Harvey Is Back Out to Sea But Not Finished Yet

Image: NOAA
Image: NOAA

Harvey inflicted catastrophic damage this past weekend, decimating the Texas coast as a Category 4 Hurricane, dumping feet of rain and bringing massive floods. But it’s still a Tropical Storm, and it is not finished yet.


Harvey’s center has headed back out to the Gulf of Mexico, where additional moisture is causing thunderstorms to build yet again. Meteorologists predict that the storm will bring another volley of rain and thunderstorms to Texas and Louisiana before finally letting up. But today, the calls for help are rolling in.

A US Coast Guard Lieutenant, Mike Hart, told CNN that the Coast Guard has received over a thousand calls per hour. Sources only report ten or so fatalities form the storm, but flood waters keep on rising and officials expect the number to increase. The level of destruction is staggering.

The storm has already dumped historic amounts of water, pummeling at least one Houston Metro weather station with almost 40 inches of rain between 8PM CT, Thursday and 10AM CT, Monday, according to Weather Underground. Harvey has returned to sea, and its future still contains uncertainty. Models don’t expect its winds to regain hurricane force, but the concentrated moisture could dump further rain over Texas and Southern Louisiana today into tomorrow, and even bring further storm surges to coastal communities. Floodwaters will continue to rise as rivers swell and reservoirs release overflow.

Weather Underground writes: “The bottom line: although there is more uncertainty than we’d like in how much rain will fall across southeast Texas through Wednesday, the higher-end possibilities remain very large for the Houston area, especially for Tuesday into early Wednesday.”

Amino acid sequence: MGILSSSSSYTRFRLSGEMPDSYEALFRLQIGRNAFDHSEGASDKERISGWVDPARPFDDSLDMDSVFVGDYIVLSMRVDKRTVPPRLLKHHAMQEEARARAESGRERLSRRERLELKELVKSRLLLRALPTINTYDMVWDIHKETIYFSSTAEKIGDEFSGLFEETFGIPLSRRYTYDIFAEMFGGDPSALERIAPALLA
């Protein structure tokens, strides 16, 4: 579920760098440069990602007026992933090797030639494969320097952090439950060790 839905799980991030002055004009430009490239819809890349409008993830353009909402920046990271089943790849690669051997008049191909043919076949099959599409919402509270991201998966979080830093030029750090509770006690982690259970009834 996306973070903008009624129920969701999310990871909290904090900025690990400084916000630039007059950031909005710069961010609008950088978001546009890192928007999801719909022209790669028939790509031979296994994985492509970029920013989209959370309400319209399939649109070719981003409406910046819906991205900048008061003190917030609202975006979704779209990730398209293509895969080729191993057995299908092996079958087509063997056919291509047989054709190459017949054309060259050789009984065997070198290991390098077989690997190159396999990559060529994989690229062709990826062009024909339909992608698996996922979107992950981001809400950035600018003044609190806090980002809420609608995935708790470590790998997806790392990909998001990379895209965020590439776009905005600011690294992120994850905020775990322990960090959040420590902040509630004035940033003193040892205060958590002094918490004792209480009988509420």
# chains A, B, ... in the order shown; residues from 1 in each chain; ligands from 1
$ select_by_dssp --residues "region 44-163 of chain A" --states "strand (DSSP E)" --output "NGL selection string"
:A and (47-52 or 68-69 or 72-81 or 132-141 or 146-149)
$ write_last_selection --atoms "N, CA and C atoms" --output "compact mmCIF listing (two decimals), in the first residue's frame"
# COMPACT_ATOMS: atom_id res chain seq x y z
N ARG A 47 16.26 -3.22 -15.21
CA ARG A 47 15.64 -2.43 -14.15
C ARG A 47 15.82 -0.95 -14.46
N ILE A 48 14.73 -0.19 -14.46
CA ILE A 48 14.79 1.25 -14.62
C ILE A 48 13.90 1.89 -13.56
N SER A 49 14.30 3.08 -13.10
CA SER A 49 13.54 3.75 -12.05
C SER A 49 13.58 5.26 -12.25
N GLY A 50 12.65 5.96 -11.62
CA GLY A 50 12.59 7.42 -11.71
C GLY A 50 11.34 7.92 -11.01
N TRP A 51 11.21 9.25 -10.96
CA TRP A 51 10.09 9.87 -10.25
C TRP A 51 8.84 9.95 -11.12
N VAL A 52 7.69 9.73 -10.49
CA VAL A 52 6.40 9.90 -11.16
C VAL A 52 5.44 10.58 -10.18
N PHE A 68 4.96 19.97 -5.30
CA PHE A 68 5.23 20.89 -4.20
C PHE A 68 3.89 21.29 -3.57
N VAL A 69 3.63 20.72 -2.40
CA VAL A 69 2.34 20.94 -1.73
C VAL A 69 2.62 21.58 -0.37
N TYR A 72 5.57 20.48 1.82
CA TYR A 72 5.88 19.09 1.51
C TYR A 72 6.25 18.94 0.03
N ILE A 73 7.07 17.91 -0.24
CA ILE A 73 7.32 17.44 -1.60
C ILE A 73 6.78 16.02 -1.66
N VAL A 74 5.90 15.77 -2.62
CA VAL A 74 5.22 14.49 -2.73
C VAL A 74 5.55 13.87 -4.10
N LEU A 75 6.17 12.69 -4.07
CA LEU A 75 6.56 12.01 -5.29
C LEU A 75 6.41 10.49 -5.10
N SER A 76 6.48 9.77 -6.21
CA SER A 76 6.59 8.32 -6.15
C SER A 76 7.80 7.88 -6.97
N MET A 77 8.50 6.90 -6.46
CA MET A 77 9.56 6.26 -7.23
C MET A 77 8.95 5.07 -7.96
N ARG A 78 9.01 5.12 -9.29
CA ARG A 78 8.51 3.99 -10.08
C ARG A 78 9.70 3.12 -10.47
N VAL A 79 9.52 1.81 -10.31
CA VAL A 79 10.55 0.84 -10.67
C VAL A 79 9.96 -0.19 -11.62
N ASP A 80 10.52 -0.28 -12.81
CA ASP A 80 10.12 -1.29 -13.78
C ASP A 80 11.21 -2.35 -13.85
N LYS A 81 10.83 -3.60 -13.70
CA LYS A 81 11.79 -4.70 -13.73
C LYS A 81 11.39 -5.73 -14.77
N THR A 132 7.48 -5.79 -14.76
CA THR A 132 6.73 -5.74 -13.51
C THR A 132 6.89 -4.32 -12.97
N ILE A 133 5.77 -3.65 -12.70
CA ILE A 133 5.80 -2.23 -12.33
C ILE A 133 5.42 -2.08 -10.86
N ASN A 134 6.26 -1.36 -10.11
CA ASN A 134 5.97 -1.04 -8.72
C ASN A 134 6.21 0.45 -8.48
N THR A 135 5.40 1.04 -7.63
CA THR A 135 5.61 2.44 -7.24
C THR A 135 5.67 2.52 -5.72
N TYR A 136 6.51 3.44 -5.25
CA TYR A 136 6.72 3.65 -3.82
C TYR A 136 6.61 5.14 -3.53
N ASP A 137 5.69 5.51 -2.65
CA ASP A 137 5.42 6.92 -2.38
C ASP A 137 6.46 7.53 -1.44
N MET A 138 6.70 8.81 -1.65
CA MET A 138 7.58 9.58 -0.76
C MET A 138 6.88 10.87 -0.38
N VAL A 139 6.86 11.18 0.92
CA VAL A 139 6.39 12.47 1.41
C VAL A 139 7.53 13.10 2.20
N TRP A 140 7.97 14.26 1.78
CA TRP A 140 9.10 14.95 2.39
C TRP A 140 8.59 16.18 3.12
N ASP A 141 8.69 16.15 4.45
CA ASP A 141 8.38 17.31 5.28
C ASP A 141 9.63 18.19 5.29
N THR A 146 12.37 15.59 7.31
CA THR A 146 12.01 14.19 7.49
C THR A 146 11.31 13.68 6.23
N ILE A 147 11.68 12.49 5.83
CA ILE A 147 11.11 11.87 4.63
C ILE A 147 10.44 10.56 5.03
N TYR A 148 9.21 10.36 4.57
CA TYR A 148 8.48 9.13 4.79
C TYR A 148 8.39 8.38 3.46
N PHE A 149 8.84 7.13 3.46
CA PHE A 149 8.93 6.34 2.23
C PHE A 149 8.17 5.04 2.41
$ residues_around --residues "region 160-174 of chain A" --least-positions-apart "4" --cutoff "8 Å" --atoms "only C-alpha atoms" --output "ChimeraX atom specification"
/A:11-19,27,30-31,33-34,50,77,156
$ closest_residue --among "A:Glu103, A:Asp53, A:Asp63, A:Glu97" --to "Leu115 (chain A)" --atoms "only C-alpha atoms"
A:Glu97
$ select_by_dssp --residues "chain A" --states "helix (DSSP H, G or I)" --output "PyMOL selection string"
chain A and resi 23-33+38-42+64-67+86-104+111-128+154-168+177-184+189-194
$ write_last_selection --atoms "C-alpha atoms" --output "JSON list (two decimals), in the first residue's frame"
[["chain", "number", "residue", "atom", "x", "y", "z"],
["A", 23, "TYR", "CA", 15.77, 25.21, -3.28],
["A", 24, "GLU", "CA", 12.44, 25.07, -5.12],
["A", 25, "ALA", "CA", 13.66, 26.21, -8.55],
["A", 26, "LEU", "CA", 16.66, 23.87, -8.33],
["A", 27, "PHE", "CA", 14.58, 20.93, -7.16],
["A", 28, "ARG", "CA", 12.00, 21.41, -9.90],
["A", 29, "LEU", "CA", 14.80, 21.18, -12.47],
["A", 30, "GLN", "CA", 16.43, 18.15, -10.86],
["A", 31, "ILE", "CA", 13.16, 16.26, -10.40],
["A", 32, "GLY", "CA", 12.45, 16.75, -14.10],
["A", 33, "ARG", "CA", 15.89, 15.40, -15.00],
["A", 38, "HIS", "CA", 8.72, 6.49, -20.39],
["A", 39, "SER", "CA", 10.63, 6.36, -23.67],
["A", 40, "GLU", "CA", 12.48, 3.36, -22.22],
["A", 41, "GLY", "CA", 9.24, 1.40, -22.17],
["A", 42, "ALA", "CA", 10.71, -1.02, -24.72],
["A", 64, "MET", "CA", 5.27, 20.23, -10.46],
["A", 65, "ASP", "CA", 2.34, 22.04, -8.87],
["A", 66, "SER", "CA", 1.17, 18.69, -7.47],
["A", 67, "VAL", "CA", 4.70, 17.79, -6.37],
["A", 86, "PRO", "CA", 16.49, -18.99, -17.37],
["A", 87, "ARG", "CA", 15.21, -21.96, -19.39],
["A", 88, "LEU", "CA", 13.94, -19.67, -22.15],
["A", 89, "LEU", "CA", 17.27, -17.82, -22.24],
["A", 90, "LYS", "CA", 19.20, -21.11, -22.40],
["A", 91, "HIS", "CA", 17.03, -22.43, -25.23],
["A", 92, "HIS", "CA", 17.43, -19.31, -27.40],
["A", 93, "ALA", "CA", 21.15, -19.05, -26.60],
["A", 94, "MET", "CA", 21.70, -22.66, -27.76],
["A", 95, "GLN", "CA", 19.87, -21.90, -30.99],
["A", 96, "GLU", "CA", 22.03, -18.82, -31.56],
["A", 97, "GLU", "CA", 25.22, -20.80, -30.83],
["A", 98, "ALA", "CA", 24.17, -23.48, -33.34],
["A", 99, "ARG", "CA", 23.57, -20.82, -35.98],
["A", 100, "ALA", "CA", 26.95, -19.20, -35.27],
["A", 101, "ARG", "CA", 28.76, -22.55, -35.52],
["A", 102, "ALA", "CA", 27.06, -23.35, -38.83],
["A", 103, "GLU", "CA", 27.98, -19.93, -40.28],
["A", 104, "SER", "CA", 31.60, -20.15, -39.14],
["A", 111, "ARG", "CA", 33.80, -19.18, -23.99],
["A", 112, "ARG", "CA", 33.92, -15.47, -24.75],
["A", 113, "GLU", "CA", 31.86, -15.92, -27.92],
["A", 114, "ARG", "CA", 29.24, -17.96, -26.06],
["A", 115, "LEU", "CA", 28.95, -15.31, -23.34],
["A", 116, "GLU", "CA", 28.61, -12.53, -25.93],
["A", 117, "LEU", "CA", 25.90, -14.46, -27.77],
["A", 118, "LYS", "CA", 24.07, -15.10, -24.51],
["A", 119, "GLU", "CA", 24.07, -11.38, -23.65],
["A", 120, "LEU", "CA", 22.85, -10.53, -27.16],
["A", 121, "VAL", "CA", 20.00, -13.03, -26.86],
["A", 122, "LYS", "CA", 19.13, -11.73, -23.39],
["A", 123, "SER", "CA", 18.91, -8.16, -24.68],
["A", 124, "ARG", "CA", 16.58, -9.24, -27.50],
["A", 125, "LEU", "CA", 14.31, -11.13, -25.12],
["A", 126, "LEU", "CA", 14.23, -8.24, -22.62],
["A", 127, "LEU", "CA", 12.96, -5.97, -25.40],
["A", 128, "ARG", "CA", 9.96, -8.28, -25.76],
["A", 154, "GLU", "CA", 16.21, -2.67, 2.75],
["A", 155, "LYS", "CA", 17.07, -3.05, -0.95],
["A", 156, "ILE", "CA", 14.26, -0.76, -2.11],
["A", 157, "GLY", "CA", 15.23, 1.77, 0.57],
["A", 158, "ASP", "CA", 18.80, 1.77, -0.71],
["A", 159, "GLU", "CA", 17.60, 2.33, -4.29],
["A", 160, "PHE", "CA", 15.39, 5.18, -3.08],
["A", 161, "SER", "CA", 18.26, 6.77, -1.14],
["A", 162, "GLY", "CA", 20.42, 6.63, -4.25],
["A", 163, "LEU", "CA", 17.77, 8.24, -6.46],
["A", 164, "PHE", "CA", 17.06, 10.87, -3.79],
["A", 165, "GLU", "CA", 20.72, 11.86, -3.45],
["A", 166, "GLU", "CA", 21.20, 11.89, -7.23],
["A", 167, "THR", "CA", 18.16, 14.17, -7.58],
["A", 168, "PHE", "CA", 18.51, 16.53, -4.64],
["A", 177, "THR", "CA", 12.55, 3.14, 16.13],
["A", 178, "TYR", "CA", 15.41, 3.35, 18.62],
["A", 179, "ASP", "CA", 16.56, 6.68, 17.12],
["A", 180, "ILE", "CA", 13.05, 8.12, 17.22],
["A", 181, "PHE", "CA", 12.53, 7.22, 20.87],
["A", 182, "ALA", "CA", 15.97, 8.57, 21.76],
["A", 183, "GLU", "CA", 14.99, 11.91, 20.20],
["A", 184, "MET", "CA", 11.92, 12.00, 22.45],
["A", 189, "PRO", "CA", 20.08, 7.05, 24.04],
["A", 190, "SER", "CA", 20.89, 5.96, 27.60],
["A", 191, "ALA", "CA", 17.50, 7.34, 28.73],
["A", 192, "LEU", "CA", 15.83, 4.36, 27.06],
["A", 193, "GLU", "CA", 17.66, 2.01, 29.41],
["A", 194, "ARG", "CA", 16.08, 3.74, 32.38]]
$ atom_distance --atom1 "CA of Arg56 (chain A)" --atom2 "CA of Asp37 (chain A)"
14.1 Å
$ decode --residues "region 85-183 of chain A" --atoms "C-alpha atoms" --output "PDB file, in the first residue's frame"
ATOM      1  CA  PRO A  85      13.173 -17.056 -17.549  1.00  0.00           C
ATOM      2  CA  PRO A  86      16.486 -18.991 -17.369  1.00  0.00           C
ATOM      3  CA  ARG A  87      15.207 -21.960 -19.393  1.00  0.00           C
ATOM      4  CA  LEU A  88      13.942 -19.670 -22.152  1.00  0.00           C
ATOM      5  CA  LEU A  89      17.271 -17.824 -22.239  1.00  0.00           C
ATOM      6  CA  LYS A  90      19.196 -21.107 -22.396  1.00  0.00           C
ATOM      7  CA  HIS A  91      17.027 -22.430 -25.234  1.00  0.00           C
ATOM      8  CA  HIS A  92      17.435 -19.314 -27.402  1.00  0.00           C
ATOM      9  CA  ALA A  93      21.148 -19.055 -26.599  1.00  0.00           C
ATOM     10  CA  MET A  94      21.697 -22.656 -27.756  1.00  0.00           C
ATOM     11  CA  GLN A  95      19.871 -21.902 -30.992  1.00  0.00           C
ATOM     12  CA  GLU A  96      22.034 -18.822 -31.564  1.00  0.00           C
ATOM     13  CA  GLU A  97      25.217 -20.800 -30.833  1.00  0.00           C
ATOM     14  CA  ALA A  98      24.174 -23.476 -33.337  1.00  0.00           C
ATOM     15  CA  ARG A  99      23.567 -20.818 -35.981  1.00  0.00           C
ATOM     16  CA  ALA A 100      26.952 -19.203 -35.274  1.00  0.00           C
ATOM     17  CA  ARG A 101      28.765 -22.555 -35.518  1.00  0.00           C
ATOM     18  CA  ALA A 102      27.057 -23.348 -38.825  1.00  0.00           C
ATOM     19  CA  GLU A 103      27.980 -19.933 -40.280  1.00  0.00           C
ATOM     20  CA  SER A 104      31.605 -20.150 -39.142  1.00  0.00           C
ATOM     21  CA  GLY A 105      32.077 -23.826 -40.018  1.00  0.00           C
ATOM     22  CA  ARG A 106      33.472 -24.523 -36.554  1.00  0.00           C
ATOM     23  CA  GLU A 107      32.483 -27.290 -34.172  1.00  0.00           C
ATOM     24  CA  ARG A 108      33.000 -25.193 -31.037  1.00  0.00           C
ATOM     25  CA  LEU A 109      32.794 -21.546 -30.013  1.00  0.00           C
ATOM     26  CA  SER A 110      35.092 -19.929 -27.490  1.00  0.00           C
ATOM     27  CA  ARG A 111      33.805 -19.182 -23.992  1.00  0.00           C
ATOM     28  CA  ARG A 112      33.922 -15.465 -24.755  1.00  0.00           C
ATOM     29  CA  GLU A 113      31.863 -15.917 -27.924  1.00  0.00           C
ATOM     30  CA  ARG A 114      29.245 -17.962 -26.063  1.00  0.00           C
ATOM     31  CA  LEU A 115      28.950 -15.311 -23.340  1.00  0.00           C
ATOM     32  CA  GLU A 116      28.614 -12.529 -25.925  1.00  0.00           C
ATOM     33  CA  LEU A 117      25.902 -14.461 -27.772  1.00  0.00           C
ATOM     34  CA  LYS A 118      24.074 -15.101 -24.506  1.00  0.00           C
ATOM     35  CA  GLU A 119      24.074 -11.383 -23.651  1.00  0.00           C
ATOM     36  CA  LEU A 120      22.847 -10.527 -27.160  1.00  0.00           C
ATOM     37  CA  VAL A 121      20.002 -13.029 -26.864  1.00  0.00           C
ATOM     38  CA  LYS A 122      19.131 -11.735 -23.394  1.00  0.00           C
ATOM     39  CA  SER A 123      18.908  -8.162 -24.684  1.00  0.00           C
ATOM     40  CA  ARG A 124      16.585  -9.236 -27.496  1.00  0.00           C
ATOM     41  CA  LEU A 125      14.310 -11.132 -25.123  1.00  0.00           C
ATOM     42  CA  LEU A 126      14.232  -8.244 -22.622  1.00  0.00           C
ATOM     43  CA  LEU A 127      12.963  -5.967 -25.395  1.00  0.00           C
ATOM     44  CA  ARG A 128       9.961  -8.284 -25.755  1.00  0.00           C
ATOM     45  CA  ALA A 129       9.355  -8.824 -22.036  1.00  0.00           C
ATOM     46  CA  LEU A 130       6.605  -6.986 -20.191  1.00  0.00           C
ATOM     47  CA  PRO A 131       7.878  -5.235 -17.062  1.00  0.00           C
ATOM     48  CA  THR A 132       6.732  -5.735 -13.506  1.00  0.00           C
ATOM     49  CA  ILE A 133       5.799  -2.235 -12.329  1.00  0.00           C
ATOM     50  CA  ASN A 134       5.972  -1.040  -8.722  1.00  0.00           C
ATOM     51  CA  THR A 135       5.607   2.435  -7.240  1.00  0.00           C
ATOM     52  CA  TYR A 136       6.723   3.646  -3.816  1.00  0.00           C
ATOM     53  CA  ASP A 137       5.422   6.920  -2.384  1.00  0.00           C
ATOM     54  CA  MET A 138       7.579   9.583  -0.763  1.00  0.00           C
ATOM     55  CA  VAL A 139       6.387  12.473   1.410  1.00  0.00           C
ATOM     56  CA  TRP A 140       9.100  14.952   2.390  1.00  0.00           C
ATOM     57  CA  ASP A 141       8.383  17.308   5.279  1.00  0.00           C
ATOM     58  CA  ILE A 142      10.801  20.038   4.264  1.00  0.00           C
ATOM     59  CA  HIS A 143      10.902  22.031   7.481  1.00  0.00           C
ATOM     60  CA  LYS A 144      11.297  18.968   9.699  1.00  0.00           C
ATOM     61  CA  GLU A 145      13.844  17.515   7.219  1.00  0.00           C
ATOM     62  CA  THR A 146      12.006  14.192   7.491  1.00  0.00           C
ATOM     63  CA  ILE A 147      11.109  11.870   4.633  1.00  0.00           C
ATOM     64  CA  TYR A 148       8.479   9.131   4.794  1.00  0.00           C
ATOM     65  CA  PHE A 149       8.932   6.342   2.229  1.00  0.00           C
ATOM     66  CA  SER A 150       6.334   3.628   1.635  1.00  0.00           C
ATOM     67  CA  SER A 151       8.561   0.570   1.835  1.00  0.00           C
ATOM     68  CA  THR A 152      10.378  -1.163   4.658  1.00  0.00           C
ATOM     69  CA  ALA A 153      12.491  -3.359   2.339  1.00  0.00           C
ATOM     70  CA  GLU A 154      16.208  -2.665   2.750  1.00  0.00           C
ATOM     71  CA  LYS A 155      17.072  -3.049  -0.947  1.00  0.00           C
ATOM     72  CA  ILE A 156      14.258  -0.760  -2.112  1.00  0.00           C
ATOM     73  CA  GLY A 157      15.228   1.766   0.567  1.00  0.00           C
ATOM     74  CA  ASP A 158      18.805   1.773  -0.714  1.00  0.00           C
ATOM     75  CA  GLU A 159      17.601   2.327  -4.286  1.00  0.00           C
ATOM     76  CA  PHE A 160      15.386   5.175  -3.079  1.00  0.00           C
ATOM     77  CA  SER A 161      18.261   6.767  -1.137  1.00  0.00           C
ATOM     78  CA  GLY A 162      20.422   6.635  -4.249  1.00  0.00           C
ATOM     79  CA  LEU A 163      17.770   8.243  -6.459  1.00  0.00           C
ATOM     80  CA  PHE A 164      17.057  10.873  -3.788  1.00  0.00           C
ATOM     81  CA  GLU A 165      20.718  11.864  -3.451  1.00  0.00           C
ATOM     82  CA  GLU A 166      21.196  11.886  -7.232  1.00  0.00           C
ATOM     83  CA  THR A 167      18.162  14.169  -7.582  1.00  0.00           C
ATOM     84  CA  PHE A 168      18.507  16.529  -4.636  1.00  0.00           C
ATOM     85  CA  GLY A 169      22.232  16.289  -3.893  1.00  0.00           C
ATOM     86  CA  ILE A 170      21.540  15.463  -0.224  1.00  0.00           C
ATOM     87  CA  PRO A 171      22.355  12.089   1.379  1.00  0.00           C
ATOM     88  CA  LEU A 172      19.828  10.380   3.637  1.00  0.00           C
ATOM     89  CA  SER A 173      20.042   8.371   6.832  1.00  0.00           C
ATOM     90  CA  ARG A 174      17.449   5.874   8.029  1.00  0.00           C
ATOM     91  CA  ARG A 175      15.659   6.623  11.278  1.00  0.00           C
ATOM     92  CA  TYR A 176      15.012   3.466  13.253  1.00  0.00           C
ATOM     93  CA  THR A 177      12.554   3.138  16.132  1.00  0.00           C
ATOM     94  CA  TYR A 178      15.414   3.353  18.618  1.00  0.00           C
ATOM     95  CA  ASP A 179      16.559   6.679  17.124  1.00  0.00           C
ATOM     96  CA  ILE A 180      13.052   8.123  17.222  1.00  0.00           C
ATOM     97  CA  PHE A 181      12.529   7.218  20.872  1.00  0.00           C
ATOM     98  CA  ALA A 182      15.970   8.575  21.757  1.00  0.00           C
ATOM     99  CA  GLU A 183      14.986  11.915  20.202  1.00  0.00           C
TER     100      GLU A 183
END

Rescue efforts continue to focus on residents stranded by the floodwaters in and around the Houston area, as Mayor Sylvester Turner did not order evacuations prior to the storms (reactions are mixed as to whether that was a good idea—130 people died in the evacuations during 2005's Hurricane Rita). And of course, other neighborhoods along the Texas coast have faced destruction as well. Now, rescued folks are filling Houston’s convention center and other shelters in what Turner called “lily pads,” the unflooded areas. More than 30,000 could have lost their homes.


If you’d like to help, Gizmodo’s Tom McKay include this advice in a post last night:

The Houston Press has compiled a list of food banks which are accepting donations to help take care of storm refugees and others impacted by Harvey, while other groups like the Red Cross, Coalition for the Homeless and Heart to Heart International are also asking for the public to assist with recovery efforts.


Others still are compiling tweets and social media posts of those in need to try and match them with responders. FEMA has also compiled a list of numbers and other resources, The Mary Sue blog has a list of ways to help, as does the Houston Chronicle.

That’s all we’ve got for now, but will continue to update and post as we get more information.


[h/t Still Cat from MA]

Former Gizmodo physics writer and founder of Birdmodo, now a science communicator specializing in quantum computing and birds


Still Cat from MA

Please add this Harvey aid list, which I just found: Texas Monthly has compiled the most comprehensive list I have yet seen about how to help flood survivors via groups who are actively involved: http://www.texasmonthly.com/the-daily-post/ways-can-help-people-hurricane-harvey/. (These groups are all legitimate; beware fake charity scammers: http://gizmodo.com/watch-out-for-charity-scams-claiming-to-help-hurricane-1798511909 ).

Re giving to the Red Cross, The Washington Post has a discussion on the issues and history: https://www.washingtonpost.com/news/post-nation/wp/2017/08/28/people-are-urging-donations-for-harvey-relief-efforts-just-not-to-the-red-cross/?utm_term=.ce8780a79c4c&tid=a_inl